British citizens in countries including Spain, Germany and Luxembourg say employers have been reluctant to employ them because of a lack of clarity on Brexit. Photograph: Bombaert Patrick/AlamyPast 40, and nearly five years after he arrived in Madrid, John Halliday is moving back to the UK and in with his parents. He had “nowhere else to go”, he says: Brexit had cost him his job and made other Spanish employers reluctant to hire Britons.“Frankly, I don’t blame them,” says Halliday. “The Spanish government has moved to protect UK citizens’ rights. But businesses are way too busy to follow all this. They worry: will this person need a permit, how long will that take, what will it cost?”The 137 companies in Madrid to which Halliday has applied since he was let go earlier this year “with real regret” by the global finance firm he was working for plainly decided “they’d rather not take the risk. And I understand them. I’d do the same.”Across the EU, British citizens are starting to face similar difficulties. Not all: many have signed new contracts without a hitch. But others say that three years of confusion and doubt among EU employers about the rights of British workers after Brexit are taking their toll. ‘Nothing can fully replicate free movement’“Brexit hasn’t happened yet and British citizens living and working in the EU are already suffering the consequences,” says Laura Shields, the spokeswoman for the British in Europe lobby group, for whom Halliday’s experience is “no surprise at all”.For employers, “no candidate is so special that you look at a pile of CVs and say: ‘Hey, let’s take a big risk with that one,’” Shields says. “This is what ending free movement into Britain means: barriers going up for Britons wanting to work in that enormous great market on our doorsteps.”The risk of no deal, which would leave 1.3 million British nationals in the EU – 80% of them of working age or younger – facing a postcode lottery of 27 unilateral solutions for residency rights, social security, healthcare and recognition of qualifications, has now receded until 31 January, although it will return.Boris Johnson’s renegotiated withdrawal deal, if it is ratified, does secure basic residency and social security rights, guaranteeing the freedom to move and live within the EU during the transition period plus the right to stay when it ends, and to apply for permanent residence after five years.But the freedom of British citizens living in one EU country to move at will within the bloc, as they can now, and the right of all those who leave the UK after Brexit to live and work in the EU at all, are subject to any future agreement – and will depend on the rules Britain applies to EU citizens coming to the UK.“We have absolutely no idea what the regime will be like unless and until the future relationship is actually agreed,” says Shields. “Will there be visa-free working? No one knows. There’ll certainly have to be some kind of permit system. And nothing can fully replicate free movement.”In the meantime, anecdotal evidence suggests that continuing uncertainty about the exact status of British nationals on the continent after Brexit is already prompting some European employers to steer clear. “People are being turned down because they may soon not be EU citizens,” Shields says. ‘If you have 10 CVs from around Europe, why look at a Brit?’In Germany, Megan Thornton, who has held a succession of jobs in sales, customer service and travel consultancy since moving to Berlin in 2013, suddenly found her CV was being “completely ignored” when she started looking for a new post last year.“Either they didn’t respond at all, or it was an instant no,” she says. “I’d never had trouble finding work in Berlin; quite the reverse. I had the right skills and experience. One company finally explained it couldn’t accept candidates who needed a work permit. I said I didn’t: I was still an EU citizen. I never heard back.”Thornton has since applied for, and been granted, permanent residence in Germany. Straightaway, she secured a string of interviews and, last week, a new job.A similar experience greeted a British IT expert who moved to Luxembourg in 2017 with his wife, after she was recruited to a new job there from the UK. The couple, who asked not to be named, had planned for him to spend a year at home with their young children before he started looking for work, he said.“Quite soon after that, I was offered a great job with Euratom, the European atomic energy agency – we got to choosing the company car,” he says. “Then, overnight, they changed their mind. The recruiter told me afterwards they couldn’t get anyone to sign off on me because of the uncertainty over my future status.”Since then, he says, things had got to the point where “we nearly gave up and went home. We’d budgeted for two salaries. I must have sent 100 CVs and got maybe five responses. I’ve now spoken to a lot of people, a lot of agencies, and the general perception is: if you have 10 CVs from around Europe, why look at a Brit?”This simply reflects “a wish to avoid a hassle and a risk you don’t need”, he says. “Firms here are used to hiring Japanese employees. They know the rules. But Brits are now an unknown. If you’re an Italian hiring here, you read a headline, hear something on the radio … You don’t have the time or the inclination. You play safe.” ‘British contractors are at the bottom of the pile’Daniel Hibbs-Woodings has encountered the same difficulty. A highly qualified and experienced social housing professional who had previously studied and lived in Germany, he followed his German partner to Cologne in February.“Property management jobs are plentiful here,” Hibbs-Woodings says. “I sent off 50 applications and got no replies. One filed online was rejected within 29 minutes. I knew I was instantly employable for all these jobs. I was stumped.”Then he asked a recruitment agency to put him forward. Stripped of personal details such as name and nationality, his anonymised candidacy attracted instant interest from a number of employers. Once they had seen his full CV, however, none subsequently followed through.Chris Williams, a technical contractor based in Spain, was told that no UK contractors would be considered ‘until Brexit has been finalised’. Photograph: Supplied“The harsh reality is that if employers have a choice, most will not go for someone with an entirely uncertain visa status,” says Hibbs-Woodings, who finally found a job outside his field for which he is substantially overqualified. “It could be a problem for many – you can only apply for permanent residence in Germany after five years.”The difficulties for contractors working across several European countries are even more complex. Chris Williams, a senior independent technical contractor based in Spain, is currently working for Airbus on a major international project to install new military communications equipment in Nato bases across Europe.He accepted the work after being told flatly by Galileo, the European global satellite navigation system, that no UK contractors would be considered “until Brexit has been finalised and we know exactly what the new rules are. And that applies to some extent all over: British contractors are at the bottom of the pile.”Williams has already had to complete different formalities in Spain, the Netherlands and Belgium to be granted a temporary right to continue functioning as a provider of cross-border services. Next year, when he will be working in many more counties, he has no idea what the situation will be.“My contract is with Airbus France, and under French contract law it is my responsibility to be aware of and comply with all the rules and regulations for third-country nationals working in EU countries,” he says. “It’s very hard indeed to work out exactly what I’m going to have to do.” ‘No one knows whether Brexit will be a problem’‘French employers are asking whether Brexit will be a problem,’ says Lily Hall, a seasonal ski school worker. Photograph: SuppliedIn France, Lily Hall, an office manager for a ski school, is increasingly concerned about work after Brexit. She moved to France with her parents in 1997, aged four, and for the past six years has been a seasonal employee with French companies contracted by British tour operators to look after their clients in Val d’Isère.“French employers are now seriously asking about whether Brexit will be a problem, and asking for papers,” she says. “I tell them no, but the truth is no one knows. My application for citizenship has been turned down once already because as a seasonal worker, I don’t have a permanent address in Savoie, where I work.”Back in Madrid, Halliday said he and five other British nationals working for the same multinational were let go “because it was a highly time-sensitive project, running to a very tight schedule, and we represented a potential issue they could not afford”.Hoping some Brexit clarity would emerge, he and his Spanish partner paid three months’ rent upfront to extend the lease on their flat to mid-October. “Of course, it didn’t,” he says. “And paying the rent in advance pretty much cleared us out. We’re going back to our parents’ to sit out the next few months.”Some names have been changed or abbreviated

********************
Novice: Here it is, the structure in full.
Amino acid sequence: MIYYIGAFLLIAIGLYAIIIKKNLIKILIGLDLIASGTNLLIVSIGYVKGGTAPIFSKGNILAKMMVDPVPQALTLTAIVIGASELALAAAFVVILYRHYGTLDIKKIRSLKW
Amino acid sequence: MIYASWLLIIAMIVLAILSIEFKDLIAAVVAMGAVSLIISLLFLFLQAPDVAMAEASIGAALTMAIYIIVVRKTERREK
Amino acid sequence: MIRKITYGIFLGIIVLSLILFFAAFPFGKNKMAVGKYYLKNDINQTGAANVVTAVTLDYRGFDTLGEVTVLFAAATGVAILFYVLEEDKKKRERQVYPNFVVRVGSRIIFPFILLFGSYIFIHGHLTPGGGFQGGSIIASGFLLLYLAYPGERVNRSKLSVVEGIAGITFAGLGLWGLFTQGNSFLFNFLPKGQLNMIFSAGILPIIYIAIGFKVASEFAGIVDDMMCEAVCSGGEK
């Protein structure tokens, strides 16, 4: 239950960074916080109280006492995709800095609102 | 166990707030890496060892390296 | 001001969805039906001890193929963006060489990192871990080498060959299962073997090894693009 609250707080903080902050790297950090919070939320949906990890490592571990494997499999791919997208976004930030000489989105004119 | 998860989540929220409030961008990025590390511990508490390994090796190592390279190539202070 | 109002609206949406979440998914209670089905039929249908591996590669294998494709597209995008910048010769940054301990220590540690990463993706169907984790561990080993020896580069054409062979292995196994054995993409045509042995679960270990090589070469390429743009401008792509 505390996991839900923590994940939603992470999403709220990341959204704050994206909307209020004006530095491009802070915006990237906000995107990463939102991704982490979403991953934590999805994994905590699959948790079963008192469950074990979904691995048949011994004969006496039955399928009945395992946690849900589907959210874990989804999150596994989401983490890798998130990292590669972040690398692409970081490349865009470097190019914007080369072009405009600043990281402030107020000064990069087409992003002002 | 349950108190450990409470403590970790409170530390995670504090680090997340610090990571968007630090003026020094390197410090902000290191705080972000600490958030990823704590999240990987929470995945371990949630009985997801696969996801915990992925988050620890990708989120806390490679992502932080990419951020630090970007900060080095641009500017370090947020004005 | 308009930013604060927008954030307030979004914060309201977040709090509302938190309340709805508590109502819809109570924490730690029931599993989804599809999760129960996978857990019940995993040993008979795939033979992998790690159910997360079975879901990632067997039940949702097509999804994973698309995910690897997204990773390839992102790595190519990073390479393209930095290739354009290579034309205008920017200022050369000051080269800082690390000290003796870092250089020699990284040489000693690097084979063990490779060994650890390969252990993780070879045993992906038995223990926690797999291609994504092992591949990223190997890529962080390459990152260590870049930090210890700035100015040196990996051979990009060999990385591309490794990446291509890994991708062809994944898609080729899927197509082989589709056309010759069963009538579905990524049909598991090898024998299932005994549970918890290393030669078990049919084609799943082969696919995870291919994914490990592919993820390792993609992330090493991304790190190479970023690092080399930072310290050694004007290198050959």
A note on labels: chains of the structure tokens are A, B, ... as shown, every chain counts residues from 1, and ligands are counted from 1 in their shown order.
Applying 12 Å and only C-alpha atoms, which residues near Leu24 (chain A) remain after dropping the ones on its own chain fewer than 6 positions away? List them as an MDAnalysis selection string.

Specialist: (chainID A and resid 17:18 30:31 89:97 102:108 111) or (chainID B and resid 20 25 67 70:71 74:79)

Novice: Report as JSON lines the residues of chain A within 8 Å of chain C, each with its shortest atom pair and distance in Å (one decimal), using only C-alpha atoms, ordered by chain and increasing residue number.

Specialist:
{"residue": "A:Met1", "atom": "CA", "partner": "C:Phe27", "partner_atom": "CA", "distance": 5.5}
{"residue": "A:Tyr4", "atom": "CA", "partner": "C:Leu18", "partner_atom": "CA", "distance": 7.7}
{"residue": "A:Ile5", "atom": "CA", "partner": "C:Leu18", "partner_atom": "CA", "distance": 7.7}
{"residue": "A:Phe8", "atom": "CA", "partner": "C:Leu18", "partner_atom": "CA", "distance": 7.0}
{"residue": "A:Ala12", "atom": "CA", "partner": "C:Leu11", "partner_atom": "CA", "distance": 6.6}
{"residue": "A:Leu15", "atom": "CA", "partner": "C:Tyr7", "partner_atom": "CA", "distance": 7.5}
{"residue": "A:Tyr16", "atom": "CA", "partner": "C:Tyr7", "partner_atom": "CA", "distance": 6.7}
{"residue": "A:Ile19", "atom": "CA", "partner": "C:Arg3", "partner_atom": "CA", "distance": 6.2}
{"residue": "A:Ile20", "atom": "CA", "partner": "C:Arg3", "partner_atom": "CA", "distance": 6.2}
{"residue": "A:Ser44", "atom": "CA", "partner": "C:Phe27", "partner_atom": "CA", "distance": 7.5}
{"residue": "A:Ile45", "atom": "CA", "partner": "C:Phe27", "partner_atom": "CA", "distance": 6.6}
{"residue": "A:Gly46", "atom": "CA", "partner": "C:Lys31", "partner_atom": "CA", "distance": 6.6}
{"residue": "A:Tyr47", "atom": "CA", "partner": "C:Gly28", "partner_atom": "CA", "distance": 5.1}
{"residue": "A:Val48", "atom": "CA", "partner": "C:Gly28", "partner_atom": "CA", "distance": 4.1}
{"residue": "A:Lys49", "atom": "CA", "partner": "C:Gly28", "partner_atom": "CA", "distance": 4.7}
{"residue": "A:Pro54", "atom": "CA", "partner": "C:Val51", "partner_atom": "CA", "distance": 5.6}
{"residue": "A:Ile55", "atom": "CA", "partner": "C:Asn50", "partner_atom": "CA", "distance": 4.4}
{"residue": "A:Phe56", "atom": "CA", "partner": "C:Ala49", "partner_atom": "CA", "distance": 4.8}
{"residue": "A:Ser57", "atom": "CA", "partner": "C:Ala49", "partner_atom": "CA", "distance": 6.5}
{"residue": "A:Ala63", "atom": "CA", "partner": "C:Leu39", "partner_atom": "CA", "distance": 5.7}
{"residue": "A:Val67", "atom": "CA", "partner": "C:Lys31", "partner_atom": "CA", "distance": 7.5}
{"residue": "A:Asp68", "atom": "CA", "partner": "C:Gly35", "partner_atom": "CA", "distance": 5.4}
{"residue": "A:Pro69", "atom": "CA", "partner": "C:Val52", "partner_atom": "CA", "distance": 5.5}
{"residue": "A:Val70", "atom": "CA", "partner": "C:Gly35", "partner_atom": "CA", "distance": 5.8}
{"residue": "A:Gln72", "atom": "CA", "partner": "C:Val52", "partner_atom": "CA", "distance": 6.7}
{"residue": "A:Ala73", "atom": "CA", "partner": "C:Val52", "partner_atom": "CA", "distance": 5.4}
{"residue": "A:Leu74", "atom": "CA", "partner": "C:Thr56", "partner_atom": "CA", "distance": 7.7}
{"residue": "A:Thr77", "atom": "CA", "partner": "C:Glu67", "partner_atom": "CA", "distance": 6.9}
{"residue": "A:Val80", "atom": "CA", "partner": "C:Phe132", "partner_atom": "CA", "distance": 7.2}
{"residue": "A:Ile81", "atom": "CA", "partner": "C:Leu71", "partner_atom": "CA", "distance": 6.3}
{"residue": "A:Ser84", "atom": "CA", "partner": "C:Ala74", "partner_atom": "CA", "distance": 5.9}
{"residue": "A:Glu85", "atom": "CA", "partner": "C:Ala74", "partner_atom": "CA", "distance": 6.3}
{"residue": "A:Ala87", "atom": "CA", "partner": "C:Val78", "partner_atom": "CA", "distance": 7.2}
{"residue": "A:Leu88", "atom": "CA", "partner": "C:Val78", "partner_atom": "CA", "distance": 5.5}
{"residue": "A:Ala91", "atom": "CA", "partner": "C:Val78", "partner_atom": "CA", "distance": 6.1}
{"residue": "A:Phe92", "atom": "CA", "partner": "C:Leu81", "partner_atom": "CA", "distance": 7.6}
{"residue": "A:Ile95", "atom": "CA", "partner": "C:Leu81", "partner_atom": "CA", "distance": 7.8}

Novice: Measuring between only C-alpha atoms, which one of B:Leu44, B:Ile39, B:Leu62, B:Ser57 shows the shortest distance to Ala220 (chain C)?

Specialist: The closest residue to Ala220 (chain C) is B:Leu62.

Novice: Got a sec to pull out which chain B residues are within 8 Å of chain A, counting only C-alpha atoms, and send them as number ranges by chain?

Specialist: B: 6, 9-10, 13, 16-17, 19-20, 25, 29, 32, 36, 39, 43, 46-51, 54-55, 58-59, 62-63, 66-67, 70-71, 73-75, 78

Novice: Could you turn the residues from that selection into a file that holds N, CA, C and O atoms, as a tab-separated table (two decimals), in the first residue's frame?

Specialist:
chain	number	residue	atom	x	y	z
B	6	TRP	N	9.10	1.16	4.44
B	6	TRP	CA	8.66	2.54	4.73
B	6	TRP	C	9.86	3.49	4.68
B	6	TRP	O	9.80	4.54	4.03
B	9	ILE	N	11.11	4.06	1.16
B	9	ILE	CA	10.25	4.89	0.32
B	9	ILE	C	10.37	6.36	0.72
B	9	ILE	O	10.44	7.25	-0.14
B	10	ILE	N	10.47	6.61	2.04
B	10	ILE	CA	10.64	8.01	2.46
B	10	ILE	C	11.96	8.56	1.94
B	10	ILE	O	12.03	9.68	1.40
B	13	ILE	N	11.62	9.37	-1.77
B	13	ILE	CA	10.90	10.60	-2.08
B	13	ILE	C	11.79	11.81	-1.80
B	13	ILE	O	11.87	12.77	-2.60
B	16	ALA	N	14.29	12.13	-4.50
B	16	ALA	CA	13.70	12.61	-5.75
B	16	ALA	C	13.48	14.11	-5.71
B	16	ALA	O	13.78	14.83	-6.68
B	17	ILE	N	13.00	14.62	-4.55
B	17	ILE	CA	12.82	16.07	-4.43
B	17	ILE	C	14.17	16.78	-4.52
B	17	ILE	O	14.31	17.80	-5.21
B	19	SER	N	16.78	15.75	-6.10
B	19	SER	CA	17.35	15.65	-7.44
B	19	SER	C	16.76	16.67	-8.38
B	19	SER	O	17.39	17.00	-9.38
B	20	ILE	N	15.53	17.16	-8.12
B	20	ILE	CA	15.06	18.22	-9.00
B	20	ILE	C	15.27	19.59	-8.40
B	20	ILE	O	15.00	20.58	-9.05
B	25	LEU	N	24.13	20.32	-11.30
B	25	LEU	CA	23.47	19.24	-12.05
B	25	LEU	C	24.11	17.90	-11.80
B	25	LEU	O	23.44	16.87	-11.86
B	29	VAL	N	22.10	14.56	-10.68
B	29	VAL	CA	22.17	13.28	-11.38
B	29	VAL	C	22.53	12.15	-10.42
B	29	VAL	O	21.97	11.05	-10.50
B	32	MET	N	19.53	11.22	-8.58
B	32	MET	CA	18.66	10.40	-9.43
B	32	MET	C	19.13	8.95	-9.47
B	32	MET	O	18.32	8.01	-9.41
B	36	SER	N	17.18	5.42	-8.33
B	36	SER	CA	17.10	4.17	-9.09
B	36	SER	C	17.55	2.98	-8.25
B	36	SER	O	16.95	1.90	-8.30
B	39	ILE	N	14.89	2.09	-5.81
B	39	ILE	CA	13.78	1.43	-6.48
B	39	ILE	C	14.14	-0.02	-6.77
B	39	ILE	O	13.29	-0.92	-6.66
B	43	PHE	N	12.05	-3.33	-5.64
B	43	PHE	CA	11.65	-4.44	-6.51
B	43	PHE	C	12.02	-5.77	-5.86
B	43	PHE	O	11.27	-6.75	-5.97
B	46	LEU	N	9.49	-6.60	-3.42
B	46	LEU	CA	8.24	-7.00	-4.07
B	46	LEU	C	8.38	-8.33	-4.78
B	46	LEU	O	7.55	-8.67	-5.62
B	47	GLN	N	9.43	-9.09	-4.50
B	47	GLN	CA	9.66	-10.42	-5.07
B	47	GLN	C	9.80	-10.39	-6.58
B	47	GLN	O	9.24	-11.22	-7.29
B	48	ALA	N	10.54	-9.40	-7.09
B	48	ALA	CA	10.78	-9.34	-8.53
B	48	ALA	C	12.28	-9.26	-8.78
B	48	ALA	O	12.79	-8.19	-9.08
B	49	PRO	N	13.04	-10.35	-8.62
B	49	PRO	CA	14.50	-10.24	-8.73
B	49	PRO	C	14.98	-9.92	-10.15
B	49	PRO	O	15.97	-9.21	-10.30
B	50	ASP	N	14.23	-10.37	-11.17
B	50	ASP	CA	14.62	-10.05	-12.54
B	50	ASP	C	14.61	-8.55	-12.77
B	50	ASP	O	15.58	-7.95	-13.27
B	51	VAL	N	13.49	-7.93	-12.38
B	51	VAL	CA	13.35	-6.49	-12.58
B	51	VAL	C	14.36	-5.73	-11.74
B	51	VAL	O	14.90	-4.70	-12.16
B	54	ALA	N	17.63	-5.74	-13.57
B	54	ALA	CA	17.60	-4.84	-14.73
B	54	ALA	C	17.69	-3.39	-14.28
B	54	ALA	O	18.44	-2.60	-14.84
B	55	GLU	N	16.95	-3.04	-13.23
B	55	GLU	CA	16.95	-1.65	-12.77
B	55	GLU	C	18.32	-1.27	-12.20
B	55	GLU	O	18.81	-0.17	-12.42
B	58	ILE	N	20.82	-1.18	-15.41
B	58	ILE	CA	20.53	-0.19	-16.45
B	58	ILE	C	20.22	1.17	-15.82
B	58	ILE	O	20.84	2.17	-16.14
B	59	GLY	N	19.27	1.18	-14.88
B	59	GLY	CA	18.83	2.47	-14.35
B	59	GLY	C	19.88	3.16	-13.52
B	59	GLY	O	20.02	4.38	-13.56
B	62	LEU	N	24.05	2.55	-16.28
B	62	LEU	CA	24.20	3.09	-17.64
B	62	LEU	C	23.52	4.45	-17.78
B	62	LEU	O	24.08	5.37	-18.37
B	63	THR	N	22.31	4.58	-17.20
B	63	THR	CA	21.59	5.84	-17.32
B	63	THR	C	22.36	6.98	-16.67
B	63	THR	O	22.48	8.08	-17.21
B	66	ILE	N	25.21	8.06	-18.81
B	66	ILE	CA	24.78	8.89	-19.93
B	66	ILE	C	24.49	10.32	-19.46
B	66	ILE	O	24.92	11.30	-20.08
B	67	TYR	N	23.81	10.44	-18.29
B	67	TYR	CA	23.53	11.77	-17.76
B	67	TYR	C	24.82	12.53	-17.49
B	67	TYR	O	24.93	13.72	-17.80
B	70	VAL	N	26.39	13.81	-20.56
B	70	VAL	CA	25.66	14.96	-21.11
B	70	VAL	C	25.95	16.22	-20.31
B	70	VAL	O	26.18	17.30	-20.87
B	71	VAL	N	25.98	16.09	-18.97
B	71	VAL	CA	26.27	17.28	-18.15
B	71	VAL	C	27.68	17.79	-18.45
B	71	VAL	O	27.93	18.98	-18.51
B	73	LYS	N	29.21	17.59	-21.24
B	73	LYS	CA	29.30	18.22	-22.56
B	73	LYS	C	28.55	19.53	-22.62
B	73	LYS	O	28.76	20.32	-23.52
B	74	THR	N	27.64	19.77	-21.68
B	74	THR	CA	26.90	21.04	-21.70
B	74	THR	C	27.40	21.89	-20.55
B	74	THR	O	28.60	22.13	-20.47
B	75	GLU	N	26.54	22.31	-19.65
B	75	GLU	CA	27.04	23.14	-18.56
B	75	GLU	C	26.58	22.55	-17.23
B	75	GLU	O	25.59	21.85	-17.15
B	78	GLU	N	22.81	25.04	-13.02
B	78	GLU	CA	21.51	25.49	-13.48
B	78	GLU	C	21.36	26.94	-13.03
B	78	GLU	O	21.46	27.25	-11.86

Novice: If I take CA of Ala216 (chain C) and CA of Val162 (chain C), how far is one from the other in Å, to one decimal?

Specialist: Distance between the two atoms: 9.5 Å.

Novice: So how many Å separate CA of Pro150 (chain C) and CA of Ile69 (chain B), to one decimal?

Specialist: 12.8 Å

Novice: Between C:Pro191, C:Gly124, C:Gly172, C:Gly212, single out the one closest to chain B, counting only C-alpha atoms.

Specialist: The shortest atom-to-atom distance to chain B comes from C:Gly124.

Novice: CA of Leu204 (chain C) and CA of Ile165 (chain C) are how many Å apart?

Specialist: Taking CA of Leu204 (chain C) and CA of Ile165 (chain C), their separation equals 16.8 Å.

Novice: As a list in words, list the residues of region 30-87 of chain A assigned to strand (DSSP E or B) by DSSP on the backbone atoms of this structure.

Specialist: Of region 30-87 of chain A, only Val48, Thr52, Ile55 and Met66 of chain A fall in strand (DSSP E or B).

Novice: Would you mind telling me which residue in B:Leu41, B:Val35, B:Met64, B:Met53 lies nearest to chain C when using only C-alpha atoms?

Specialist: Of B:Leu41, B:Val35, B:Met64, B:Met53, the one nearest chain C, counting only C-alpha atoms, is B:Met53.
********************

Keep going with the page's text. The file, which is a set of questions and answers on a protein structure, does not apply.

University writes to students on exchange in Hong Kong as campuses become focus of battles between police and protesters. The University of Sydney has urged Australian students on exchange in Hong Kong to return home as pro-democracy protests intensify on university campuses, the ABC is reporting. The university has written to students after Hong Kong University and other institutions suspended classes for the last few weeks of semester. The ABC obtained an email that said the safety of students was of “utmost concern and based on all the information available to us, and in light that HKU has now suspended/cancelled the semester, the University of Sydney requires you to depart HK immediately and make your way back to Australia”. “If you have already left HK, please let me know where you are now,” it says. “If you need assistance and advice on how to depart HK, please let me know and USYD will assist you.” Universities have this week become a focus of battles between riot police and anti-government demonstrators demanding greater democracy. On Tuesday police raided the Chinese University of Hong Kong, setting off violent clashes and a swell of criticism. Police have fired tear gas and rubber bullets at protesters in recent days. Protesters have brought supplies including petrol bombs and bows and arrows, international media has reported. On Thursday students from Europe as well as mainland China and Taiwan were leaving the city after a night of clashes that resulted in several serious injuries, including a fractured skull to a 15-year-old boy and an elderly worker who was struck by an object during a clash between protesters and residents. Australia expressed its concern over the escalating violence this week, with the foreign minister, Marise Payne, calling for restraint from all sides. “We reiterate our view that it is crucial for all sides – police and protesters – to exercise restraint and take genuine steps to de-escalate tensions,” she said in a statement. University students have been permitted to complete their courses and exams online. The University of Sydney said in a statement: “The safety of our students is paramount. “This morning, following announcements by certain universities in Hong Kong that they are suspending classes for second semester, we wrote to our affected students advising them to return home.”
Aaron Carter has been taken to hospital in Florida, his mother has confirmed.The former teen idol and brother of Backstreet Boys singer Nick Carter is seen with his eyes closed and wrapped in a blanket in a hospital bed, in a photograph published to his Instagram account.
The EastEnders star said that getting to Blackpool in the show was her ultimate goal, but that she would like to progress even more for her partner.
Children in Need is back for its 39th year, bringing a whole new host of celebrities together to help raise money for disadvantaged children and young people across the UK.The 2018 programme raised a record-breaking £50,168,562, meaning Children in Need has brought in over £1bn since it began the annual fundraiser in 1980.
The parents of two-year-old Isla Chapman were told that she had a virus - but later discovered she had acute myeloid leukaemia.